$999,000 in HIPAA Penalties for Three Hospitals for Boston Med HIPAA Violations

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Three hospitals that allowed an ABC film crew to record footage of patients as part of the Boston Med TV series have been fined $999,000 by the Department of Health and Human Services’ Office for Civil Rights (OCR) for violating Health Insurance Portability and Accountability Act (HIPAA) Rules.

This is the second HIPAA violation case investigated by OCR related to the Boston Med TV series. On April 16, 2016, New York Presbyterian Hospital settled its HIPAA violation case with OCR for $2.2 million to resolve the impermissible disclosure of PHI to the ABC film crew during the recording of the series and for failing to obtain consent from patients.

Fines for Boston Medical Center, Brigham and Women’s Hospital, & Massachusetts General Hospital

Boston Medical Center (BMC) settled its HIPAA violations with OCR for $100,000. OCR investigators determined that BMC had impermissibly disclosed the PHI of patients to ABC employees during production and filming of the TV series, violating 45 C.F.R. § 164.502(a).

Brigham and Women’s Hospital (BWH) settled its HIPAA violations with OCR for $384,000. BWH allowed an ABC film crew to record footage between October 2014 and January 2015. Prior to filming, BWH conducted a review of patient privacy issues and provided the ABC film crew with HIPAA privacy training – The same training that was provided to its workforce. BWH also obtained written authorizations from patients. However, OCR determined that despite those measures, HIPAA Rules were still violated. In the resolution agreement, OCR wrote, “Based on the timing of when BWH received some written patient authorizations, BWH impermissibly disclosed the PHI of patients to ABC employees,” in violation of 45 C.F.R. § I64.502(a). BWH also failed to reasonably safeguard the PHI of patients: A violation of 45 C.F.R. § 164.530(c).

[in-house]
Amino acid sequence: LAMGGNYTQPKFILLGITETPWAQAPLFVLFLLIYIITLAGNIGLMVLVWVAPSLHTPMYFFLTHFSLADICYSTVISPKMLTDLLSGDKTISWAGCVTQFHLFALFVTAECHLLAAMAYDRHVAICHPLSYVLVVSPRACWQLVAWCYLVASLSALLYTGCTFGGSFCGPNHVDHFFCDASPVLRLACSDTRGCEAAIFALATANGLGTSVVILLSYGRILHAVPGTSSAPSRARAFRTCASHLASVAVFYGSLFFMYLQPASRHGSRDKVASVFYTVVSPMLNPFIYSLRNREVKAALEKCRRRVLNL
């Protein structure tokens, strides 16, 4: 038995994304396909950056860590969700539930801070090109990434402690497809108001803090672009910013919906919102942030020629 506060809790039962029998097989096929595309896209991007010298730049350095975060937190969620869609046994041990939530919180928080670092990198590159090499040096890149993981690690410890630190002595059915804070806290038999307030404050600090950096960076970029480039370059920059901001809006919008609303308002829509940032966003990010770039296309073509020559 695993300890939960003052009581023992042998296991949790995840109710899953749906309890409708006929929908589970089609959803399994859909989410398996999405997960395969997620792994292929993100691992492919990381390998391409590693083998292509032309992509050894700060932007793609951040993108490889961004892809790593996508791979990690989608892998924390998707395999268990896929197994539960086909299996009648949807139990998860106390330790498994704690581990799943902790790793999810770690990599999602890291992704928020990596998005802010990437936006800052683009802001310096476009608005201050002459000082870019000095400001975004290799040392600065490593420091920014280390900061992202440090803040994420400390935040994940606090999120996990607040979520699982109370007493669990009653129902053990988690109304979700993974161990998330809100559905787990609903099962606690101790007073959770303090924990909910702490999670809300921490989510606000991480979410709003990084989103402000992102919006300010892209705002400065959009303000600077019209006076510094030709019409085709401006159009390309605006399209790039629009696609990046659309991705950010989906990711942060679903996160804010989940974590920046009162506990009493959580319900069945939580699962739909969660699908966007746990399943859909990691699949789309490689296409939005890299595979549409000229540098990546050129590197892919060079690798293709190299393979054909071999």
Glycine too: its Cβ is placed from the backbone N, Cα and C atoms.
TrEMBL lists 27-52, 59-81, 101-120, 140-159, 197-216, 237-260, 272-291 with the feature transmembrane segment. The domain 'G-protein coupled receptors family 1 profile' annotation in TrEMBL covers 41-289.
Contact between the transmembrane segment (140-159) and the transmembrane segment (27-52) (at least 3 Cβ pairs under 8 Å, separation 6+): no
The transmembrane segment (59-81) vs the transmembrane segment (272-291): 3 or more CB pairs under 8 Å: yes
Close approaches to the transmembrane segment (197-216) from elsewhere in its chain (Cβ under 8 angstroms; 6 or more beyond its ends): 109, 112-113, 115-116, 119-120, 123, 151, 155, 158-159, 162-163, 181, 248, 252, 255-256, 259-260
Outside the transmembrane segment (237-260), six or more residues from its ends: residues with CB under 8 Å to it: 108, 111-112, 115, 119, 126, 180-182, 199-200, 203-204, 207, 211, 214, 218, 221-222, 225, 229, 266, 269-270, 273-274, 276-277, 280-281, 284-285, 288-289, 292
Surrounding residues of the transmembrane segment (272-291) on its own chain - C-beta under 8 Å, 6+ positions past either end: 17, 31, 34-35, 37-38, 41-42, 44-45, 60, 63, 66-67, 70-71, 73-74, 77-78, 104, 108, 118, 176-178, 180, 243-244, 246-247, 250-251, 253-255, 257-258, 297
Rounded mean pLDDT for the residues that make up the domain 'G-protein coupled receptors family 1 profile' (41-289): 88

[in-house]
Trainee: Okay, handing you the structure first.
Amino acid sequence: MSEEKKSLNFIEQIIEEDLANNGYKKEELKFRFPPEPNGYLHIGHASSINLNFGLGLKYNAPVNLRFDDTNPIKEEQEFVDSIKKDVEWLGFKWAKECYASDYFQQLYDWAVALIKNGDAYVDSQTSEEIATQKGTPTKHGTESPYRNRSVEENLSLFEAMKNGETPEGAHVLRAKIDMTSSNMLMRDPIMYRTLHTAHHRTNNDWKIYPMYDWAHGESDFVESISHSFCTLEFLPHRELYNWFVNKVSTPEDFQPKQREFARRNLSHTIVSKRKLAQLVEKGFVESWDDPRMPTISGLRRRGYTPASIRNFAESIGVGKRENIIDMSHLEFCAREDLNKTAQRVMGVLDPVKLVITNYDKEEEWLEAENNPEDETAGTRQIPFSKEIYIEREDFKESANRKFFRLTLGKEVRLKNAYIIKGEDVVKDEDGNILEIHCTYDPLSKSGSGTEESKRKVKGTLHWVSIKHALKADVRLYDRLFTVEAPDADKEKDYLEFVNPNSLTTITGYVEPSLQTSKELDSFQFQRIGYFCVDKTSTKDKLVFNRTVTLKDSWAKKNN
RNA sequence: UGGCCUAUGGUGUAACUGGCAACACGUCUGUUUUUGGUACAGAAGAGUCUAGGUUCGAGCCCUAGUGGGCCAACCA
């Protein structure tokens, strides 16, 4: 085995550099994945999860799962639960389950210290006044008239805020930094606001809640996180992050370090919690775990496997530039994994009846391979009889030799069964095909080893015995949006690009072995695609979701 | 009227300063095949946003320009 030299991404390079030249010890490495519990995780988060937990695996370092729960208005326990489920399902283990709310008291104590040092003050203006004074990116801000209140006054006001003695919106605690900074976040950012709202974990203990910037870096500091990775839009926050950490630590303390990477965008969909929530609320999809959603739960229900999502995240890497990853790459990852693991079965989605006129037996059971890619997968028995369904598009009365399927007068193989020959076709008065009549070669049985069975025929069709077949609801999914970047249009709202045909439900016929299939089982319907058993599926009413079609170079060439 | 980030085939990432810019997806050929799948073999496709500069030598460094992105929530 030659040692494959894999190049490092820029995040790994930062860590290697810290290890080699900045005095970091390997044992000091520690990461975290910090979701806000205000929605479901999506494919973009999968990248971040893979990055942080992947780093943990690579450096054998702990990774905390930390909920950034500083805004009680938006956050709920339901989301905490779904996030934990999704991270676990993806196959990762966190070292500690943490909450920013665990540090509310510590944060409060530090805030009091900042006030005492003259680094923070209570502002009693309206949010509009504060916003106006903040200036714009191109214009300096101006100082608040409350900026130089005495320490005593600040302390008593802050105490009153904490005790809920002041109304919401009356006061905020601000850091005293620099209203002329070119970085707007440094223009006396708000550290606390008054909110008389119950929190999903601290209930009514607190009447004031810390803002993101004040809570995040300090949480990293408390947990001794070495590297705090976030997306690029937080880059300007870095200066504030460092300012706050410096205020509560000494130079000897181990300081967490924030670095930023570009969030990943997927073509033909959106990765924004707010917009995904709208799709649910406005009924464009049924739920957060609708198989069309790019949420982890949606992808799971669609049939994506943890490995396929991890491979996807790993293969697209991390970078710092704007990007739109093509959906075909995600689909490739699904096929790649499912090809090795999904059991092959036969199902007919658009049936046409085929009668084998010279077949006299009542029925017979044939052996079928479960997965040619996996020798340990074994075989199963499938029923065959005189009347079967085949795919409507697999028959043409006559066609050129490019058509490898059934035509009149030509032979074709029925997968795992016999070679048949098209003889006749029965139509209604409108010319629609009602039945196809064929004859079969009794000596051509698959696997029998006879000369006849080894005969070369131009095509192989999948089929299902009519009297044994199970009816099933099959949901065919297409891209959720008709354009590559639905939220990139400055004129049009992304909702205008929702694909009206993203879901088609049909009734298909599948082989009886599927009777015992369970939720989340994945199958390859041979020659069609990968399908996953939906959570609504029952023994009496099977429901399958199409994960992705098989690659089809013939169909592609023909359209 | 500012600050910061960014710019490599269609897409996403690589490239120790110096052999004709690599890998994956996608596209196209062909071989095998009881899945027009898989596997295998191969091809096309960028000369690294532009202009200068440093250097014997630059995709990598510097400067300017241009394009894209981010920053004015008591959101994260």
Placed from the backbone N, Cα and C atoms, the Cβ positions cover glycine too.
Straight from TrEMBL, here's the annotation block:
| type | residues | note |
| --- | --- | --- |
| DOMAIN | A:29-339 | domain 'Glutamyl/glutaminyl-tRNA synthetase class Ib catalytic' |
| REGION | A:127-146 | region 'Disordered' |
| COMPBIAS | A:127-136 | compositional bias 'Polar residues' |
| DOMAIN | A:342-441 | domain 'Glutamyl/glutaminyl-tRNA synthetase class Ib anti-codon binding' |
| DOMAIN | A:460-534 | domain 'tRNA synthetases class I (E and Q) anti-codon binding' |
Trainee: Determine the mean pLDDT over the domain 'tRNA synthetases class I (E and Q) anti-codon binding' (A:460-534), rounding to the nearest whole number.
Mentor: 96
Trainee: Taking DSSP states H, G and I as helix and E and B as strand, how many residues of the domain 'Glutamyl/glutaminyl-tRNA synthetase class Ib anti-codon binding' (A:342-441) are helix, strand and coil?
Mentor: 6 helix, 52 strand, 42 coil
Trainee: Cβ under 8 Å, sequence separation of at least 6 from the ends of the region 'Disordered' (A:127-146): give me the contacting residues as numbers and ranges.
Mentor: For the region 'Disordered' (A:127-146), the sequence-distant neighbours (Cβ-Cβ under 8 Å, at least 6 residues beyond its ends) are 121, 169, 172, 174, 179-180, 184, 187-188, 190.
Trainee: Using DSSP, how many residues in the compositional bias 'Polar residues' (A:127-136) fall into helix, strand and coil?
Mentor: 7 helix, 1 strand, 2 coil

Massachusetts General Hospital (MGH) settled its HIPAA violations with OCR for $515,000. The hospital similarly allowed a film crew to record footage between October 2014 and January 2015. A review of patient privacy issues was also conducted, and the film crew was provided with the same HIPAA privacy training that MGH provides to its employees.

As was the case with BWH, OCR determined that 45 C.F.R. § I64.502(a) was violated as authorizations were received after an impermissible disclosure and MGH failed to appropriately and reasonably safeguard patients’ PHI from disclosure during the filming of the series in violation of 45 C.F.R. § 164.530(c).

In addition to covering the financial penalty, each of the three hospitals must adopt a corrective action plan which includes providing further training to staff on the allowable uses and disclosures of PHI to film and media.

“Patients in hospitals expect to encounter doctors and nurses when getting treatment, not film crews recording them at their most private and vulnerable moments,” said Roger Severino, OCR director. “Hospitals must get authorization from patients before allowing strangers to have access to patients and their medical information.”

HIPAA Enforcement in 2018

OCR had a record year for HIPAA penalties in 2016 when it agreed 12 settlements to resolve HIPAA violations and issued one civil monetary penalty. 2017 saw 9 settlements reached with HIPAA-covered entities and one civil monetary penalty issued.

2018 has seen a reduction in financial penalties for HIPAA violations, with only three penalties issued prior the September 20, 2018 announcement. These latest three settlements bring the total number of OCR HIPAA violation penalties for the year up to six.

HIPAA Penalties and Settlements Agreed with OCR in 2018

Entity Penalty Penalty Type Reason for Penalty
Boston Medical Center $100,000 Settlement Filming patients without consent
Brigham and Women’s Hospital $384,000 Settlement Filming patients without consent
Massachusetts General Hospital $515,000 Settlement Filming patients without consent
University of Texas MD Anderson Cancer Center $4,348,000 Civil Monetary Penalty Lack of encryption and impermissible disclosure of ePHI
Filefax, Inc. $100,000 Settlement Impermissible disclosure of PHI
Fresenius Medical Care North America $3,500,000 Settlement Multiple HIPAA Violations

 

HIPAA Settlements with State Attorneys General in 2018

In addition to the penalties issued by OCR, there have been four settlements reached between HIPAA covered entities and state attorneys general in 2018.

State Covered Entity Amount Reason for Penalty
New York Arc of Erie County $200,000 Online Exposure of PHI
New Jersey Virtua Medical Group $417,816 Online Exposure of PHI
New York EmblemHealth $575,000 Exposure of PHI in Mailing
New York Aetna $1,150,000 Exposure of PHI in Mailing

Author: HIPAA Journal

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